The first generation Kindle Fire is an oldie but a goodie, according to one IT guy who has given it new life after inheriting it from his kid.
Clothing hand-me-downs in my house usually flow from the older kids to the younger kids. Technology hand-me-downs, however, can be a different story – sometimes they actually change hands from the kids to the adults.
My son had a Kindle Fire (First Generation) for a couple of years which he seemed to like well enough, but then he received an iPad mini this past Christmas and the Kindle was kicked to the curb by the gleam of a shiny new Apple product. Never one to miss out on an opportunity to tinker around with something new (to me), I asked for his Kindle which he gave me without another thought.
I hadn’t had much exposure to the Kindle Fire before that day, but I had read a little about it and vaguely assumed it was a content delivery mechanism for Amazon books with maybe the ability to install some games or surf the web on a clunky browser. Based on my experience with my wife’s Nook, I figured perhaps I could load some free classic literature onto the Kindle (since I don’t buy e-books through Amazon) or – more importantly – wipe the operating system and put a full-fledged Android installation on it.
I reset the Kindle to factory defaults then got started. I knew whatever I did with it would have to yield a purpose. I don’t keep old stuff around; I’m not running a museum, and I am a minimalist so if something doesn’t fit my needs I pass it along to those who can use it more effectively. I have a Samsung Android and several laptops so I wasn’t sure what the Fire could really do for me but was willing to see if I could wedge it in between the portability of my smartphone and the bigger screen/better working environment of my laptops.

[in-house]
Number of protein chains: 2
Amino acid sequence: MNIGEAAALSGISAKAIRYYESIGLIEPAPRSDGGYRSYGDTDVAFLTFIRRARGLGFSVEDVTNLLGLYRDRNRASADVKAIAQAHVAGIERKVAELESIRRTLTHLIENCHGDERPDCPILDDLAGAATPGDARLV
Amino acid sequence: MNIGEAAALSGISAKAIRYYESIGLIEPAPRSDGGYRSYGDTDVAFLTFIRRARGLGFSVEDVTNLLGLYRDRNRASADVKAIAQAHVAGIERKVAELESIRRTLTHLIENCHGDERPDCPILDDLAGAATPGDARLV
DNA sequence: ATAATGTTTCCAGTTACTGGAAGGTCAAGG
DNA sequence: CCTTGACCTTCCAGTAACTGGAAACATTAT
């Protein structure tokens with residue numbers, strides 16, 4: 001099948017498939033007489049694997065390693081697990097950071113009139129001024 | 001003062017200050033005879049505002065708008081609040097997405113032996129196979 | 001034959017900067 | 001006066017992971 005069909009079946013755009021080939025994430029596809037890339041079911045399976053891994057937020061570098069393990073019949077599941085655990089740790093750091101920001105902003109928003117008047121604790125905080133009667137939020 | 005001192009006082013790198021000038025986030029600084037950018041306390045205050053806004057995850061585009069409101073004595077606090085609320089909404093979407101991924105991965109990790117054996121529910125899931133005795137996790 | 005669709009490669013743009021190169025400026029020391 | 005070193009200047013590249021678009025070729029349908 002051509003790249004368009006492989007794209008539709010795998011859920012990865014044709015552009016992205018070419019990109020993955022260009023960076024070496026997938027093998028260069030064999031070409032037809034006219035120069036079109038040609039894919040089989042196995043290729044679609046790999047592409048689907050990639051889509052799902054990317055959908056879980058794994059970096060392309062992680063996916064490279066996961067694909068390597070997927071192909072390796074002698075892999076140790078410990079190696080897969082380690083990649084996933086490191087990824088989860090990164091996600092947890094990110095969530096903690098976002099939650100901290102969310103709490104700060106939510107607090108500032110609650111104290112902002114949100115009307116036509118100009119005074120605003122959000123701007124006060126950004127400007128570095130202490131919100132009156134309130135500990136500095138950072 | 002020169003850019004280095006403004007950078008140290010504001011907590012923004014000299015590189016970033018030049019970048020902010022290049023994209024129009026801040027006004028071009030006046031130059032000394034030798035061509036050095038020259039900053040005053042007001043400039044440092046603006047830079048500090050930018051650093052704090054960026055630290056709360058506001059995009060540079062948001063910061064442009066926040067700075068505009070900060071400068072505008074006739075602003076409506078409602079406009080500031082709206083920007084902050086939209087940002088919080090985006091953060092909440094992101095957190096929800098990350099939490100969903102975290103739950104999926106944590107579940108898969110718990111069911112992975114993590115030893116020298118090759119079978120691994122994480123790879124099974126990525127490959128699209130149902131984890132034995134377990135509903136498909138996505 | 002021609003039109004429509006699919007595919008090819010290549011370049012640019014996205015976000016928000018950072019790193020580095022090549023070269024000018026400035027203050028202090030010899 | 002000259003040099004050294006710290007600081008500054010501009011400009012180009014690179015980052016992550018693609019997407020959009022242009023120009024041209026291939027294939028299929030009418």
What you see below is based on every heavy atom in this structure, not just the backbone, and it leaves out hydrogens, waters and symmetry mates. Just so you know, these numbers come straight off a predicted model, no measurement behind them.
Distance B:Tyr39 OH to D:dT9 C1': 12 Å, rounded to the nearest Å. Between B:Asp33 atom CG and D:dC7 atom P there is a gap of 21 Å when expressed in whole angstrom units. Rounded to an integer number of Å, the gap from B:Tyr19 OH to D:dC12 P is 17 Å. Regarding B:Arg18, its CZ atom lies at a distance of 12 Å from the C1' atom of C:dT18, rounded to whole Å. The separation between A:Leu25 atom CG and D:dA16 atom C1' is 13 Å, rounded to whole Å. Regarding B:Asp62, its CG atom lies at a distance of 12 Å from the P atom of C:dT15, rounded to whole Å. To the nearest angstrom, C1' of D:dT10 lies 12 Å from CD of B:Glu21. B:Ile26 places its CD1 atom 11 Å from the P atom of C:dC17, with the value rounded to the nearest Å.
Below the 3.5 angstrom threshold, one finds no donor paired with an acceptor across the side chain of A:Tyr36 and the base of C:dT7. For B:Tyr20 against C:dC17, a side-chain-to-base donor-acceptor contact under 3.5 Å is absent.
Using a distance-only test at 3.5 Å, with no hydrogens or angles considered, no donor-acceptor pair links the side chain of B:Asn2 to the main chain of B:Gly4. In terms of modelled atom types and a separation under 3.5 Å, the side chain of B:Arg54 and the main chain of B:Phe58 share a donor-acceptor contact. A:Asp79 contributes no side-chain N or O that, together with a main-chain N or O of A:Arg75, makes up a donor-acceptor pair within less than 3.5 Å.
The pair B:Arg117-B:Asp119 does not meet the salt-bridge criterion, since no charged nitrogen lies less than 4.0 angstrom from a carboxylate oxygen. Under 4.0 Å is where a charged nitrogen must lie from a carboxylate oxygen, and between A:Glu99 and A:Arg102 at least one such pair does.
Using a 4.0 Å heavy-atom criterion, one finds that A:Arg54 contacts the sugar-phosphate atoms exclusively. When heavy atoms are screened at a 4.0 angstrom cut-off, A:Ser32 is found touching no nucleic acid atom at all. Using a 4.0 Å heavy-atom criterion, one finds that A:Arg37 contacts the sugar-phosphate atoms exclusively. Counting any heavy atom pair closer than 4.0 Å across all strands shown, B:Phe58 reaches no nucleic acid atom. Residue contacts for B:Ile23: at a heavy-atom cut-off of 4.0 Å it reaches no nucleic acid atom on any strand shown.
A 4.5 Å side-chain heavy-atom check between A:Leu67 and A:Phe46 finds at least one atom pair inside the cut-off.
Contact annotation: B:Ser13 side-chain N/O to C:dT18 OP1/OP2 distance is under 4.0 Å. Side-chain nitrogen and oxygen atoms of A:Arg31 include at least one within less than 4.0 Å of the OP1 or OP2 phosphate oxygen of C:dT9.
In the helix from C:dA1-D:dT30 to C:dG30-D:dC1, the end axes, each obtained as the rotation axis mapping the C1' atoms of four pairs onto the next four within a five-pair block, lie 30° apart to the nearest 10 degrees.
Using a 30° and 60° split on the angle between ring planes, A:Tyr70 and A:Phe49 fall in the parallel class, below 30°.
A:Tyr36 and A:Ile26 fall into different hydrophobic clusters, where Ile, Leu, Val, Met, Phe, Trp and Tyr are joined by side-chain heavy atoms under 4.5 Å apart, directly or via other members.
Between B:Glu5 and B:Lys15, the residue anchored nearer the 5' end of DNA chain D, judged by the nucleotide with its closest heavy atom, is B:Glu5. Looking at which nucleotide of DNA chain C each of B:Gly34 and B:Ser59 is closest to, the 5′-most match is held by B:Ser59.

I admit I had low expectations, but as things turned out I was pleasantly surprised at how much it could do out of the box – even for a first generation version. The Kindle runs a modified version of the Android operating system, but it lets you do a lot more than just read books. You can browse the web, install apps and access email.
Checking out the apps
First I looked at the web browser.
I found the web browser fast and responsive and the touch screen quite accurate. I’ve always had middling luck with touch screens – my wife’s Nook barely even acknowledges my existence, much less permitting me to swipe across the screen to unlock it, and typing out emails on my Android is not a fun chore – so I appreciate the fact this screen does what I tell it to with Apple-like precision. Zooming in and zooming out were simple and turning pages or switching screens worked perfectly.
The 7” screen size on the Kindle meant plenty of real estate to display web pages properly:
The tabbed interface on the browser along with the ability to quickly access recent sites has made the Kindle invaluable just for the access to the web alone:
I then scoured the Amazon store looking for apps I might use. I found some favorites like Dropbox, Google Calendar, Google Maps, Google+, Facebook and Twitter and got those installed. I also found some new apps such as a FileManager (a Windows Explorer for the Android), QuickOffice, a PDF Reader, and a Wi-Fi analyzer. By the time I was done a few minutes later my Apps list resembled the following:
Dropbox is probably the app I rely on the most since my Dropbox folders contain all of my work, tasks, and current reading material. Rather than buying e-books online I generally put technical PDFs and white papers in Dropbox so I can stay current.
The Dropbox screen easily showed all of my familiar folders:
Like the web browser, opening a PDF file from showed a readable and realistic display: